What are the implications of my personal guaranty of my company’s bank debt?
Answer: A business owner’s guaranty of that business’s debt has two components:
1. The primary benefit of a guaranty by the business owner to the lender (or lessor or supplier) is that the owner herself will be highly motivated to ensure that the lender is repaid in full; but
2. The actual credit enhancement provided by the guaranty is truly limited in the context where most of the business owner’s wealth is tied up in that same business that is obligated to repay the loan.
If the holder of the guaranty is not ultimately repaid 100 percent, then most typically it will ask the guarantor for a personal financial statement and attempt to negotiate a solution with the guarantor. If that is unsuccessful, then litigation may ensue. In our experience, however, most guaranties are resolved through negotiation and the guarantor’s prior efforts to maximize the lender’s recovery will be an important factor in those negotiations.
If you ever do have to make a payment in respect of the guaranty, though, don’t just cut a check to the lender. Either try to purchase a “last out” participation interest on the loan, or at least route the money via the company, so as to increase your basis and perhaps be able to recognize some losses.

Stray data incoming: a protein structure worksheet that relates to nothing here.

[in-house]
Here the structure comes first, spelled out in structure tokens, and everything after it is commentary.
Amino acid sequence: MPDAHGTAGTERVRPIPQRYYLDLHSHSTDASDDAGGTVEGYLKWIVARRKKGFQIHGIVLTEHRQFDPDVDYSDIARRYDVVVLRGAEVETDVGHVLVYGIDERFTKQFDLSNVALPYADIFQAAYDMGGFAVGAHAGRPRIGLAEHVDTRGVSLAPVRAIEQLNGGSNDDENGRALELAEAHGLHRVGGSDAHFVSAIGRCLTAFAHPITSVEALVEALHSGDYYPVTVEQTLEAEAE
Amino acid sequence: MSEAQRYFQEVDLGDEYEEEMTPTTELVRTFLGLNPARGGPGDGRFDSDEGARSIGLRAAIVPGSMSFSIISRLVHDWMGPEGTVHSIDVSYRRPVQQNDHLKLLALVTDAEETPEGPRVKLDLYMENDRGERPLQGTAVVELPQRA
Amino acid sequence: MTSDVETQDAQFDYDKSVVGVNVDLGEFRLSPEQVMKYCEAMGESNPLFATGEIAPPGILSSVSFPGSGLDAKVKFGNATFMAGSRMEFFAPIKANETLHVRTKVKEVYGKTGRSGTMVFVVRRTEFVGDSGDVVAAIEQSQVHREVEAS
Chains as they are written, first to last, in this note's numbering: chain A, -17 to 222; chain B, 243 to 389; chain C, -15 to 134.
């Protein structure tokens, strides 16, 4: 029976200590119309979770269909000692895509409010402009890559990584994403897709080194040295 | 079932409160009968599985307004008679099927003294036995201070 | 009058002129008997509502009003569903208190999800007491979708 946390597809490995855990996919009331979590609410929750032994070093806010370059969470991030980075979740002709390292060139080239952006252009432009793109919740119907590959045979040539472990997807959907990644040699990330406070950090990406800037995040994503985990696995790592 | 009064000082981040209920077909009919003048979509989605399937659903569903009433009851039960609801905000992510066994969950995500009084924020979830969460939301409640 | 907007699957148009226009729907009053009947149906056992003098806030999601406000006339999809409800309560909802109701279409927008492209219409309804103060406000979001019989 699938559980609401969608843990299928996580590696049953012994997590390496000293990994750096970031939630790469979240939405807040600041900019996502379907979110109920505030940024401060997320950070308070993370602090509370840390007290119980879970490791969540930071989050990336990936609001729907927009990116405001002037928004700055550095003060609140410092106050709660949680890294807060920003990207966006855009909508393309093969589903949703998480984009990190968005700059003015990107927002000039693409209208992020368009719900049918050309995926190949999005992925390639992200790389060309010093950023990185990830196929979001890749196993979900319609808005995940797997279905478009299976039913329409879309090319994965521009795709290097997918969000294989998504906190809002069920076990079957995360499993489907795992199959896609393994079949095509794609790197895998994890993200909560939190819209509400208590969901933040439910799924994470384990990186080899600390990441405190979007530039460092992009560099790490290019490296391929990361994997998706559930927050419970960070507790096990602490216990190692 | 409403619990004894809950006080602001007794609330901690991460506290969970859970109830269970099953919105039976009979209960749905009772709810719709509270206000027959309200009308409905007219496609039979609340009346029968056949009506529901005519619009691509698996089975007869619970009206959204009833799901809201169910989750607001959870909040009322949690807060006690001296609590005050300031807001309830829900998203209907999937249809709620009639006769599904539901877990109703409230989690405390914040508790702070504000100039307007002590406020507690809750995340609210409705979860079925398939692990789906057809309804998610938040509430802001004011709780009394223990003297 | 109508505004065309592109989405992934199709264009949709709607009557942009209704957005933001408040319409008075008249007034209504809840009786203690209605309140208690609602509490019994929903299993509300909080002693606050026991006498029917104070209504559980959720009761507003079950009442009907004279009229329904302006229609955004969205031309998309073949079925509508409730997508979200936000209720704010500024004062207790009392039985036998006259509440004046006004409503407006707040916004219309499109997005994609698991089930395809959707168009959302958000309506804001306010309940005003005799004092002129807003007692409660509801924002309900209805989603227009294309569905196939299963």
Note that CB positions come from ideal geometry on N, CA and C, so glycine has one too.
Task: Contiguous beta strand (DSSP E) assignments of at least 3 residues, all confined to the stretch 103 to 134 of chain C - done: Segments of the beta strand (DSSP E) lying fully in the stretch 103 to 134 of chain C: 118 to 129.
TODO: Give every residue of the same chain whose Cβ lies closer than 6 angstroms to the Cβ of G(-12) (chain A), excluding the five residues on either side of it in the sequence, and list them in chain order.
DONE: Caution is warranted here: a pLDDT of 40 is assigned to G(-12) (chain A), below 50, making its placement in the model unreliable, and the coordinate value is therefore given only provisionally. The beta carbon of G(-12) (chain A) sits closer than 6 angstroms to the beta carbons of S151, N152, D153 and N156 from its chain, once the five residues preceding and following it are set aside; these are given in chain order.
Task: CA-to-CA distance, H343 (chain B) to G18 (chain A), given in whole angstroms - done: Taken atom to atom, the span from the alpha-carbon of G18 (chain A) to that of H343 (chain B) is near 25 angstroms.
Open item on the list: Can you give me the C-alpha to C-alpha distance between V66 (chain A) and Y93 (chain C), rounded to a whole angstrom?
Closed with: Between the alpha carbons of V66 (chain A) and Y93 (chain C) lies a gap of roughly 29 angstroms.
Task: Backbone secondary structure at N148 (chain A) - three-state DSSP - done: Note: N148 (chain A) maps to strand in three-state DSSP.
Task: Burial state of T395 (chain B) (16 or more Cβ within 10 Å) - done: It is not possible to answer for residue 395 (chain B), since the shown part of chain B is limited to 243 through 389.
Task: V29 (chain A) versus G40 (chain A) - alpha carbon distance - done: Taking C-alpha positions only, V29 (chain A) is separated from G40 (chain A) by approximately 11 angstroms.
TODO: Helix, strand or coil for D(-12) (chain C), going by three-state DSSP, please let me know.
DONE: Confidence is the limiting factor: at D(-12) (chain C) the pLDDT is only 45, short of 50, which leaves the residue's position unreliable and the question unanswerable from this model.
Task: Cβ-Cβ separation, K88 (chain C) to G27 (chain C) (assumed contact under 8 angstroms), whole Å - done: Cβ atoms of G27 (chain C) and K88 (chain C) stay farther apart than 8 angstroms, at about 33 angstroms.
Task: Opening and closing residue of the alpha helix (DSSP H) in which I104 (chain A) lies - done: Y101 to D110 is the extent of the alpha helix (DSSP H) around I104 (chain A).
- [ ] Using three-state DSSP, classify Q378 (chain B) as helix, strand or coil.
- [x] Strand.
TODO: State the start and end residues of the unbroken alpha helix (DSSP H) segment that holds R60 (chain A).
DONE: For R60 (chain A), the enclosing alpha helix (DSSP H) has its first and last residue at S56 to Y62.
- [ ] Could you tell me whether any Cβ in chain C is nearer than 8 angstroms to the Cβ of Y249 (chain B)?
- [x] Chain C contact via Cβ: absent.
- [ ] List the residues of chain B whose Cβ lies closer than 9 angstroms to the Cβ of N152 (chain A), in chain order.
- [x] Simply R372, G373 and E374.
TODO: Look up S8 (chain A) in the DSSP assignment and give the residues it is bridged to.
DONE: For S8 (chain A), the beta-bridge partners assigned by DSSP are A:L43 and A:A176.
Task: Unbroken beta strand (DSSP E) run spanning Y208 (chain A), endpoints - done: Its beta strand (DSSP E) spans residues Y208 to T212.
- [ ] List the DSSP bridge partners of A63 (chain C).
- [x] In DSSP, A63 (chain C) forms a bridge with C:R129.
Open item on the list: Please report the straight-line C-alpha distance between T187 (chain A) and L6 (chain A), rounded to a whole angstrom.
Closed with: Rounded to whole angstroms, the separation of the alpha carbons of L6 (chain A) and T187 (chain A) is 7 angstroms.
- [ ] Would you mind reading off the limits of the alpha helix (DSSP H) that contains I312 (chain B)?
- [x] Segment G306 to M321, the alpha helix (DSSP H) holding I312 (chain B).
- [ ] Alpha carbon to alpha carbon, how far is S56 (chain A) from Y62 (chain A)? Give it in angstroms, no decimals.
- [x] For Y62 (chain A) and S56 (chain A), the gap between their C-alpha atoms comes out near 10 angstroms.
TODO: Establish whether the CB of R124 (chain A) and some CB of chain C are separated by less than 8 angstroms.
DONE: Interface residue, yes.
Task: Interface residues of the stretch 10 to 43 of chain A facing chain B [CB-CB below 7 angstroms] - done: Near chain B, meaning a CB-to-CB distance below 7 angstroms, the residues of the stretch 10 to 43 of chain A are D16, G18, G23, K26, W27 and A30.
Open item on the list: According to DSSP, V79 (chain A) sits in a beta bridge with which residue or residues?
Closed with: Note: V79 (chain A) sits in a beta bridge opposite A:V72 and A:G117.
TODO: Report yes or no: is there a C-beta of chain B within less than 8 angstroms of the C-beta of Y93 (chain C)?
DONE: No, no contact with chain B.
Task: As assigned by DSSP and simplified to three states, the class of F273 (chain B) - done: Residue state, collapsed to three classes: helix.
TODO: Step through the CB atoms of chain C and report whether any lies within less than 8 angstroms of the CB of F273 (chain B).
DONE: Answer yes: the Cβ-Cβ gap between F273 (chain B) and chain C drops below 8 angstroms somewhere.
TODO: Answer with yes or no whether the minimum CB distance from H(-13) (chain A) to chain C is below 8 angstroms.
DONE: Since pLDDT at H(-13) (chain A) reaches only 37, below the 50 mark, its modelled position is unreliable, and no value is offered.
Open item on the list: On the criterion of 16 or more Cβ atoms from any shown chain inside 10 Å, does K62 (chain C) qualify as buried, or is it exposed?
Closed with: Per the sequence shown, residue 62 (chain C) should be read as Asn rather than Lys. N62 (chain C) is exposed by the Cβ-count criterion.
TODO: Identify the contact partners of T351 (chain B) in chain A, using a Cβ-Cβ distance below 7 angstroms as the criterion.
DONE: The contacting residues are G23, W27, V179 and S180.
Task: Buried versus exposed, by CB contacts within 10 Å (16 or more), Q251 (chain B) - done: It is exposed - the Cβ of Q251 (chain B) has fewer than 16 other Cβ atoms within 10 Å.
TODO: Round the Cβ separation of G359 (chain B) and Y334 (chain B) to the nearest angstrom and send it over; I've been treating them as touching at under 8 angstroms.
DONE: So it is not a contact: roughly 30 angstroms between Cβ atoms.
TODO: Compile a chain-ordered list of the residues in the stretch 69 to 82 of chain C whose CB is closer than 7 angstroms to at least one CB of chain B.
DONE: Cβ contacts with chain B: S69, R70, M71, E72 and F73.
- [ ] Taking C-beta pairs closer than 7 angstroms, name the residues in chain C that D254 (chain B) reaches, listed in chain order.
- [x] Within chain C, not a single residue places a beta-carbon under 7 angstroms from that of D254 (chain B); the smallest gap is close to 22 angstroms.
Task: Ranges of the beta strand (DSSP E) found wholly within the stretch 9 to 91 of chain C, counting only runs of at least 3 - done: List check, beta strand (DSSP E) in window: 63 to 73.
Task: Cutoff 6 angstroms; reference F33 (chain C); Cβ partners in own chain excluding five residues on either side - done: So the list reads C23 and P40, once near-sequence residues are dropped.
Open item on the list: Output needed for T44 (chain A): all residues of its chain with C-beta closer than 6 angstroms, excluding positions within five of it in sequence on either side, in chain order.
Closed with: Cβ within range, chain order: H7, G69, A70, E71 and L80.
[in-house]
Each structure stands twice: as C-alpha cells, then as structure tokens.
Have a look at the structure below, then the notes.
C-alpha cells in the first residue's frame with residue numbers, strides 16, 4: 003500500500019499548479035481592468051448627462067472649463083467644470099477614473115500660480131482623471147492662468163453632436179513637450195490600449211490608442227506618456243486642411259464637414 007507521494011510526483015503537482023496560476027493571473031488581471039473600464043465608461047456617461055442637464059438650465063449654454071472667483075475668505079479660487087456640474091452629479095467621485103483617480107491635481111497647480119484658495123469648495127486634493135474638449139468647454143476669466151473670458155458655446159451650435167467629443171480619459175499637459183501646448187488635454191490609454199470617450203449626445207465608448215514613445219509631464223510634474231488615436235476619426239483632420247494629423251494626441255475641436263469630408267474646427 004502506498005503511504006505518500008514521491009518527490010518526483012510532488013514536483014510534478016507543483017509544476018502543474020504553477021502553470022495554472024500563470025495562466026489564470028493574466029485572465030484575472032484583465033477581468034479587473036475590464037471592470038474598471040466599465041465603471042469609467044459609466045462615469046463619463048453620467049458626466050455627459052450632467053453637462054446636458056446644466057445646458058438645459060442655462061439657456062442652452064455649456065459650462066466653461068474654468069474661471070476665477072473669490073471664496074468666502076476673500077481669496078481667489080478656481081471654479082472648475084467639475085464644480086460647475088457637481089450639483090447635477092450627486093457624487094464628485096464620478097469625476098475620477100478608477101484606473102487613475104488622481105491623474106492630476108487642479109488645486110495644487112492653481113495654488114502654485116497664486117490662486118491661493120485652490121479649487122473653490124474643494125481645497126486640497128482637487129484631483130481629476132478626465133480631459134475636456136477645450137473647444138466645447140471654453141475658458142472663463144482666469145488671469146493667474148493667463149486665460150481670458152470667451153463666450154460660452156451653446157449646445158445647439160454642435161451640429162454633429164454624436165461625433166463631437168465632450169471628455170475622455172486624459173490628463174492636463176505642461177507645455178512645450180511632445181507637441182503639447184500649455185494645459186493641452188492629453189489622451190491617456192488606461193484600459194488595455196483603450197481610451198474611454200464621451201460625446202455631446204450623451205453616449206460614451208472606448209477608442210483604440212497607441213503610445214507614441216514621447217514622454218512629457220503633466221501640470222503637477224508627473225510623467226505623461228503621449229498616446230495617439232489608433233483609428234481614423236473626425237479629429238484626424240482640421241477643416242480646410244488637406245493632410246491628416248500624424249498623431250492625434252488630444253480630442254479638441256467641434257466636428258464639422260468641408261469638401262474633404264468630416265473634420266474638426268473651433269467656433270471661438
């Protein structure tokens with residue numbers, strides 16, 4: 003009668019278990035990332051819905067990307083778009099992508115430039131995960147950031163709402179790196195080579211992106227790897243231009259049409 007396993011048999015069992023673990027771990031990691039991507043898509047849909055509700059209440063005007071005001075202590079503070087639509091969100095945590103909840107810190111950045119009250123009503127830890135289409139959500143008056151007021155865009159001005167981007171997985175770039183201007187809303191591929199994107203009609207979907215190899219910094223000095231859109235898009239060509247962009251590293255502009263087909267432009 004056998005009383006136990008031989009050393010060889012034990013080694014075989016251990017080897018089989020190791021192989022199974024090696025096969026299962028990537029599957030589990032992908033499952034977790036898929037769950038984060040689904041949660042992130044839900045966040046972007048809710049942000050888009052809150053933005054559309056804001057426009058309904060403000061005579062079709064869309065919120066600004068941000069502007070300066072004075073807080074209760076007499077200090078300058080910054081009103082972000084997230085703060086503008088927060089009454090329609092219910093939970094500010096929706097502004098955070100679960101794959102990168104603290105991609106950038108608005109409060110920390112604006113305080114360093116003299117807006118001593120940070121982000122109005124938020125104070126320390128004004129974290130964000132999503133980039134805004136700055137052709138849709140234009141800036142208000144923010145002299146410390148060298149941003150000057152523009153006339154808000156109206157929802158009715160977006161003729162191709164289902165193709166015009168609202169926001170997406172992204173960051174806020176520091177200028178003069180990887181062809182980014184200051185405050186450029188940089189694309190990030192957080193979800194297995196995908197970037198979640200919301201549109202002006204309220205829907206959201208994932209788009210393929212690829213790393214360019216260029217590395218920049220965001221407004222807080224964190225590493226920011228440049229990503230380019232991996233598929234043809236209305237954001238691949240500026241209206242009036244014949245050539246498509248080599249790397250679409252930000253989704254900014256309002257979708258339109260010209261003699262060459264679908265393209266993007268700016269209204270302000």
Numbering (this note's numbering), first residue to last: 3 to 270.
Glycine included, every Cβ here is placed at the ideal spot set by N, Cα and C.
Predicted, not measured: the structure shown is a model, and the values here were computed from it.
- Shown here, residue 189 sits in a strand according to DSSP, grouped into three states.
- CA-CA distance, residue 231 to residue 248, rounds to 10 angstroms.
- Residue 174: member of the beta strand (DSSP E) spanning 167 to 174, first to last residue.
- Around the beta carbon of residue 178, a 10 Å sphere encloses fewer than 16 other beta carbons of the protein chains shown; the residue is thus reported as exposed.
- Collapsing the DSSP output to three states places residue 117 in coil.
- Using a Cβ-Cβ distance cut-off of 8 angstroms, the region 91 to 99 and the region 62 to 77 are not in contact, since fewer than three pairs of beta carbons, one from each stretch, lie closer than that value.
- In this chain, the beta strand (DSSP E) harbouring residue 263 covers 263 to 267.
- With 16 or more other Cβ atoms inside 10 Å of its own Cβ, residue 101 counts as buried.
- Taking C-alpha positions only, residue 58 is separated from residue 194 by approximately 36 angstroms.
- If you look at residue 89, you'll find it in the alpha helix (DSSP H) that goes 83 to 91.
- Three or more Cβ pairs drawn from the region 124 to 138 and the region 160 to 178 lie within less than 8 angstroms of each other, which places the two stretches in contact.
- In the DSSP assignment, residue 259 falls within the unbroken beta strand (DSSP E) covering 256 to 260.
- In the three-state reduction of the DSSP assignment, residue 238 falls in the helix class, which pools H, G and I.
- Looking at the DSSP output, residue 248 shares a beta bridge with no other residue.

What if I guaranteed a loan for a friend or relative, but I did not get anything in exchange?
Answer: Unfortunately, even if you execute a guaranty simply as an accommodation to a friend or relative, such a guaranty is enforceable, as the lender will have relied on that guaranty as a condition of extending credit to your friend or relative. The same analysis for addressing the guaranty if the lender is unsatisfied, as described above, will hold.
We will continue to provide any guidance on companies under distress. If you have additional questions, our Distressed Company Task Force can answer, please email firstname.lastname@example.org.
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